Although the full intricacy of his accomplishment has not yet been recognized, Vian interweaves three codes in this play: the absurdist, the anti-colonial, and the psychoanalytical. A bourgeois family periodically retreats from a terrifying noise, moving upstairs into a series of ever-smaller apartments. In each they find already established the "schmürz"—a battered, silent scapegoat figure—and at each new level they lose a member of the family, until finally only le Père and the schmürz remain. Presumably they perish at the end. In 1959, the shrinking space suggested the shrinking French overseas empire, and the schmürz, its colonized victims. The disintegrating family figures the fragmentation of the individual into dissociated super ego, and id, incapable of mutual communication, a drama ending in a psychotic break. The absurdist features of repetition and non sequitur cannot totally conceal an underlying dramatic structure and the gradual emergence of the anti-colonialist, bourgeois critique code. The patriarchy cannot triumph without destroying itself. Its absolute reign entails total alienation. But Vian's denouement, a leurre, preserves absurdist indeterminacy.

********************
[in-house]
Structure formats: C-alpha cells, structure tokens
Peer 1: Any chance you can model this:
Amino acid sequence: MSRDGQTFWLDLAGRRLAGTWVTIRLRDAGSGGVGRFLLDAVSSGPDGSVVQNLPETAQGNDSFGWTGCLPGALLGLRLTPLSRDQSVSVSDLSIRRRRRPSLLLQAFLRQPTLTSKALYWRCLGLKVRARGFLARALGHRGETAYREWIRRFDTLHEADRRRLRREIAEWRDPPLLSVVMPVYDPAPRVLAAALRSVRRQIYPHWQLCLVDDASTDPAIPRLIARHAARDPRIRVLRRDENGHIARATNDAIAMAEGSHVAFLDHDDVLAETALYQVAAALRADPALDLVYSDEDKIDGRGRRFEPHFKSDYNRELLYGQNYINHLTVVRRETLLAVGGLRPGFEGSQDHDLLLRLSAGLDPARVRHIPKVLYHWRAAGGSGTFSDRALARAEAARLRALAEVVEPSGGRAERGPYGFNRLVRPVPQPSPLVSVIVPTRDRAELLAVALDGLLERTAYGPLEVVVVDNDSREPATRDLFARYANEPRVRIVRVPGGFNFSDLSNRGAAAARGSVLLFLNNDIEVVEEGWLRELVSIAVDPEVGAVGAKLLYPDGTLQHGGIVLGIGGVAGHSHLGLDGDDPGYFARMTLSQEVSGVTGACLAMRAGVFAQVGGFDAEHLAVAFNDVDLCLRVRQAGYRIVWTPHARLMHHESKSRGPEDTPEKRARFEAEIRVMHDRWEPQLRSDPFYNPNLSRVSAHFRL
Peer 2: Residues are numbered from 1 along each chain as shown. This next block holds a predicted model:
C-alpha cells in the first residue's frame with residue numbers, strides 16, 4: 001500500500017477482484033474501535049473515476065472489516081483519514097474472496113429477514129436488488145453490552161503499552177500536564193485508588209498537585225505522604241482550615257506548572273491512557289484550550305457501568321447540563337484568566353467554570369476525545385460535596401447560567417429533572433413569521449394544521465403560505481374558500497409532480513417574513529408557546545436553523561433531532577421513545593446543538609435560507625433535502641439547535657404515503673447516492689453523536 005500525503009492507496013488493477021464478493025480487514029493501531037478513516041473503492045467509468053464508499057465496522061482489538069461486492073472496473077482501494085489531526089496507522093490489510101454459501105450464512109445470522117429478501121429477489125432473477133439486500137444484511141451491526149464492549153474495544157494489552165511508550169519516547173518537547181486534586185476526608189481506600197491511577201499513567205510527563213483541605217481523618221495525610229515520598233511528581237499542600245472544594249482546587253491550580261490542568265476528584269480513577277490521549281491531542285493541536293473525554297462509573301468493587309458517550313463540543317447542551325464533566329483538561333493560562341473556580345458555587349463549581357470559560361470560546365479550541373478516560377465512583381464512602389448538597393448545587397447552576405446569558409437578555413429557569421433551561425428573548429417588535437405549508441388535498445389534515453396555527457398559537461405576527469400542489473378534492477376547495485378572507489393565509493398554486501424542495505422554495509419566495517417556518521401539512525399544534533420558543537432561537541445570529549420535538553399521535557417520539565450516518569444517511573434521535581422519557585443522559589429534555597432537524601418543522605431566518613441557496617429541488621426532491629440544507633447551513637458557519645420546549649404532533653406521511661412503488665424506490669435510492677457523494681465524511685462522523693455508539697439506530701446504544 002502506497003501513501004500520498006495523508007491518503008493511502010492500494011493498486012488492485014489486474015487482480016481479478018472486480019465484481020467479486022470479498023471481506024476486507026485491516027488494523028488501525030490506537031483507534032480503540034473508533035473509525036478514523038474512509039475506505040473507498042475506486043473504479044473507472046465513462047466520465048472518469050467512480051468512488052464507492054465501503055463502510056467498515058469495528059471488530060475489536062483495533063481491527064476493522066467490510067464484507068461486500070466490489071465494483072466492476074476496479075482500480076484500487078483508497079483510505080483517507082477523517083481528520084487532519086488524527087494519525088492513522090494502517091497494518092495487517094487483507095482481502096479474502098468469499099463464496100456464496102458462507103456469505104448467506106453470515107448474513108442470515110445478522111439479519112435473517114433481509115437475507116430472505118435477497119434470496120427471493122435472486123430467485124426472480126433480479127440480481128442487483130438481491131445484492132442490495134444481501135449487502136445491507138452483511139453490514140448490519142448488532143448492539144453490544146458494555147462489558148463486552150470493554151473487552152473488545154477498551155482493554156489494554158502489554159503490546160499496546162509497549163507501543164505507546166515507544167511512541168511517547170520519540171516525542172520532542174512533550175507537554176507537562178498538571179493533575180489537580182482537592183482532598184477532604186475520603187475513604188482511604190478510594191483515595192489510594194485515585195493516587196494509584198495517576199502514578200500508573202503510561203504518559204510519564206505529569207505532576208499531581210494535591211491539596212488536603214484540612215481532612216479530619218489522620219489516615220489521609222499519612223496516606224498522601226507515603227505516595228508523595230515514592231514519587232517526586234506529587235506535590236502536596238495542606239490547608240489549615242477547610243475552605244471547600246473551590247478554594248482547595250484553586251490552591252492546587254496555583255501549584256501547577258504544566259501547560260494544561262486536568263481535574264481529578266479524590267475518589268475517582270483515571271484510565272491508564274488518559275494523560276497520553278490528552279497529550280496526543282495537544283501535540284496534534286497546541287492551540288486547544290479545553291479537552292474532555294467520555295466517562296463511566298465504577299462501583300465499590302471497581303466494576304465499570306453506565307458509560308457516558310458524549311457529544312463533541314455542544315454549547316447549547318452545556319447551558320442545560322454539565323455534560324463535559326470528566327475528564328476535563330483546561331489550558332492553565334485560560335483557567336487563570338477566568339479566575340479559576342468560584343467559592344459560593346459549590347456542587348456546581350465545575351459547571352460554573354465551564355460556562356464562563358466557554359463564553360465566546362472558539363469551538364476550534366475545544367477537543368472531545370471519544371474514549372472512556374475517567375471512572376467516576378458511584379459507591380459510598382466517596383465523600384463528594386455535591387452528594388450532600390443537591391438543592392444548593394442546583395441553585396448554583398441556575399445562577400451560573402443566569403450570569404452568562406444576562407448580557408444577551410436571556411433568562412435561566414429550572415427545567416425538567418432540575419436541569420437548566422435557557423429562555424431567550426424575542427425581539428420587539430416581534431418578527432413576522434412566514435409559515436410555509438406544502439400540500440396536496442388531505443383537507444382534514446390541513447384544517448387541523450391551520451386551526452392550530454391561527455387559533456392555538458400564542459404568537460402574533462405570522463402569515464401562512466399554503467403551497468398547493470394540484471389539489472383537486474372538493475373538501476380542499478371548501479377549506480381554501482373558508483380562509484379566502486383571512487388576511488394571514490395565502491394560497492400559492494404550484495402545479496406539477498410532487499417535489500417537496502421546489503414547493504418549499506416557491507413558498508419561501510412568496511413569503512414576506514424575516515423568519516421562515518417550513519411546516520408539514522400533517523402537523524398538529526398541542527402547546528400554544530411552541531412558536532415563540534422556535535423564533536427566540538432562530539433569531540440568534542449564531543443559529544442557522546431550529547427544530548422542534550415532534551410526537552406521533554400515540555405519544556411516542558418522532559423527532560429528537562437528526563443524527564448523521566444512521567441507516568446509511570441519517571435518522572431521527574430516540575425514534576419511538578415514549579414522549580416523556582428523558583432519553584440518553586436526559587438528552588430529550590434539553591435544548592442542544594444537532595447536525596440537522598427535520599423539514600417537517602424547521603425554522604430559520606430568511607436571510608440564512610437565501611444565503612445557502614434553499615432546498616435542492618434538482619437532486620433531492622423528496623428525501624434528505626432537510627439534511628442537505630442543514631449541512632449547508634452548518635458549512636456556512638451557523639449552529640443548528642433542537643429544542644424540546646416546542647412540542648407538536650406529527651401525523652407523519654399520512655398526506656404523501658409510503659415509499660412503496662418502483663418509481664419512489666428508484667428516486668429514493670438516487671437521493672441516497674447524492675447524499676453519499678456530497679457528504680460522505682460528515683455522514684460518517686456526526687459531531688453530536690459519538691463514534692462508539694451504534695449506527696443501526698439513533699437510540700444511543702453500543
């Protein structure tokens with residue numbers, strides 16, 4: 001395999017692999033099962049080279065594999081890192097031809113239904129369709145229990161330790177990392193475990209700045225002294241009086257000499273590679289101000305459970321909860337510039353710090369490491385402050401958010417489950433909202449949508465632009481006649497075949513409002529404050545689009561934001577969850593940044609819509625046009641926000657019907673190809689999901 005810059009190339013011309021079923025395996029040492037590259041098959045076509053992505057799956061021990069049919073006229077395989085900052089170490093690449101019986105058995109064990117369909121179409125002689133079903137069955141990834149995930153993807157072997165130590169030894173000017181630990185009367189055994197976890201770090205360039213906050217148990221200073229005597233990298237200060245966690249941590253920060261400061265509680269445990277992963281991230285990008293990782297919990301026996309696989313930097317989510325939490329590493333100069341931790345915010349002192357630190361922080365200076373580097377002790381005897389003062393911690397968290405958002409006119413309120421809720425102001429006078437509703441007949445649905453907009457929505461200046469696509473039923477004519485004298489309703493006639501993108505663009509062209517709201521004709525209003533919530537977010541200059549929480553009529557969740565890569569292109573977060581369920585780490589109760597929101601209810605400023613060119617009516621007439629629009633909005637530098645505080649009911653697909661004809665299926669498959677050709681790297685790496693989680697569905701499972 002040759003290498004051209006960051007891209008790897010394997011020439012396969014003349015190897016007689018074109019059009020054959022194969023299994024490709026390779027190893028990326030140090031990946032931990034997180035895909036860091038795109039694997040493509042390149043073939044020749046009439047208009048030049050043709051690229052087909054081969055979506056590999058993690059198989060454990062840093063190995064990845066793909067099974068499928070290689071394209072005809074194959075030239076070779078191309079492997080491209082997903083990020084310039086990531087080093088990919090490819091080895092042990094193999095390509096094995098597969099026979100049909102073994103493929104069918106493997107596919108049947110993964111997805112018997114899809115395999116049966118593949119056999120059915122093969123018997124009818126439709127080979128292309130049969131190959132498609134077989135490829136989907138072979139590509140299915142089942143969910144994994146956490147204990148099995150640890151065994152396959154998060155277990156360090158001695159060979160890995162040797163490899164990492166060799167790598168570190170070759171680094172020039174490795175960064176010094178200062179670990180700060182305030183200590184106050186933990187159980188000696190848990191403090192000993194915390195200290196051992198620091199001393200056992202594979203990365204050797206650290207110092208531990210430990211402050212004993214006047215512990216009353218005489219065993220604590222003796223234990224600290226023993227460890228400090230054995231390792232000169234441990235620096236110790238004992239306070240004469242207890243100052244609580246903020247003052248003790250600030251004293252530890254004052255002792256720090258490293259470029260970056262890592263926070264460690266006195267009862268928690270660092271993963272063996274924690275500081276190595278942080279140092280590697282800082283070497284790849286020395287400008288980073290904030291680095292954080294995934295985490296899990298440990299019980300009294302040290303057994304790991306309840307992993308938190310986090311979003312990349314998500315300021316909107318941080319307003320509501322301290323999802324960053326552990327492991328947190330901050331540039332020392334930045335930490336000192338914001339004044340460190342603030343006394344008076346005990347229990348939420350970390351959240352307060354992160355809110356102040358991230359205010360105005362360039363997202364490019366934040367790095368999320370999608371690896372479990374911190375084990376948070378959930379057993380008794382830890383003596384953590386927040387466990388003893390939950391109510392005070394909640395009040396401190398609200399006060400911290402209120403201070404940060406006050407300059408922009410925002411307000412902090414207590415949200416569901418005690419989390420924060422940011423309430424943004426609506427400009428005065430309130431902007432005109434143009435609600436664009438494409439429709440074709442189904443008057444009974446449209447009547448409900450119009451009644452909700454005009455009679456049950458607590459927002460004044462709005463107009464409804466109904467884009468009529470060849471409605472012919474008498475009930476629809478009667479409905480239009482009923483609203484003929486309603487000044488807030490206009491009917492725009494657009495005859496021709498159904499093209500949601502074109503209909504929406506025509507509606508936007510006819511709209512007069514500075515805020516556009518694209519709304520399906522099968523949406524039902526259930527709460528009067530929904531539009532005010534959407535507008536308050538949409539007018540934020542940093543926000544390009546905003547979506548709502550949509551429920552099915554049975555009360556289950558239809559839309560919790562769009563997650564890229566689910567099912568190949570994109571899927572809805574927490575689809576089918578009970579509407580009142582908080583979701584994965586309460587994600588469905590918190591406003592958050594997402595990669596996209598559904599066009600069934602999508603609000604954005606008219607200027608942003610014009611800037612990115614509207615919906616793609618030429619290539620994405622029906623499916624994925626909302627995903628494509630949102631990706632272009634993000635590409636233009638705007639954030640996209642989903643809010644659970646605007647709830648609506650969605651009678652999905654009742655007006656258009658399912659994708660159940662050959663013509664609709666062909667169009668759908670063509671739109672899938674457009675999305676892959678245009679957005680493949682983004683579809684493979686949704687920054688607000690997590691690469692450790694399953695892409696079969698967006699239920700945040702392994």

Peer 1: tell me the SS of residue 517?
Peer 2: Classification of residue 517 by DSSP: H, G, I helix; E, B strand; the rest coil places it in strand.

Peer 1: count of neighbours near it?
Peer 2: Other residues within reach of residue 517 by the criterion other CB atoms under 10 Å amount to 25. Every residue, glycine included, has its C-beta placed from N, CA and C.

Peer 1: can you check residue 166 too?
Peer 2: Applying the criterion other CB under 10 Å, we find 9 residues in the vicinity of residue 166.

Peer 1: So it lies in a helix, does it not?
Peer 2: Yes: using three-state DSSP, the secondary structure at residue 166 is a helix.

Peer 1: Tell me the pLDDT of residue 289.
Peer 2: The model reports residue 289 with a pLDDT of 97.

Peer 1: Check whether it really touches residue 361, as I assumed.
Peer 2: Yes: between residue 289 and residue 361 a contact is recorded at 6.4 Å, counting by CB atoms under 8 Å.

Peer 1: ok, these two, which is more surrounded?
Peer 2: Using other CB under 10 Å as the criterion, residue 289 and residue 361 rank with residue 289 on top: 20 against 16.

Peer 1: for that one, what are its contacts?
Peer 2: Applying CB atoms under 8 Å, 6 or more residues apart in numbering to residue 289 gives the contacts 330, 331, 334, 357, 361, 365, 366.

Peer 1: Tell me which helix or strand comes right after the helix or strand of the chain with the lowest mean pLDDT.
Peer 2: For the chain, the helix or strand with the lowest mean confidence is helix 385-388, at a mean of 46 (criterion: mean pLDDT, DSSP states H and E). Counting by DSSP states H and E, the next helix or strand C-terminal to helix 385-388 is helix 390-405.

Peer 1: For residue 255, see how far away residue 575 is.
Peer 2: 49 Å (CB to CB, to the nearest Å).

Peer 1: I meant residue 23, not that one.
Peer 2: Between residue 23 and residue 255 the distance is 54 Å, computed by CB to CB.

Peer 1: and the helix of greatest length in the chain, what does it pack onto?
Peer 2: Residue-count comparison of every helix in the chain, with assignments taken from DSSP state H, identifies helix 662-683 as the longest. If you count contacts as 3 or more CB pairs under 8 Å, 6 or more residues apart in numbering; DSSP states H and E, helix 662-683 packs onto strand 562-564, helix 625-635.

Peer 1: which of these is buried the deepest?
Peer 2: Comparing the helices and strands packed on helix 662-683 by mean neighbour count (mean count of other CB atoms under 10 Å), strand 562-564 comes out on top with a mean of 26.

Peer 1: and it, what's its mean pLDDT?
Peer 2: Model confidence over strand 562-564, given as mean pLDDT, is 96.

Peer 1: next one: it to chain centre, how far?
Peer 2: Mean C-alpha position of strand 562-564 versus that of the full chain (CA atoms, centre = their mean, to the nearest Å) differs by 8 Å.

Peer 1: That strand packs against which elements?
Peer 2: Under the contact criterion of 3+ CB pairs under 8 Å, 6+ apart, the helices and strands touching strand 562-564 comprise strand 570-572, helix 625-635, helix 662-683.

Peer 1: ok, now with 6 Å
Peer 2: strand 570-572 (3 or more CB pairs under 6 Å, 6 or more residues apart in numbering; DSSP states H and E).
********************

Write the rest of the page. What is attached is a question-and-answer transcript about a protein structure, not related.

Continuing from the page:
Creative Commons License

This work is licensed under a Creative Commons Attribution-Noncommercial-No Derivative Works 4.0 License.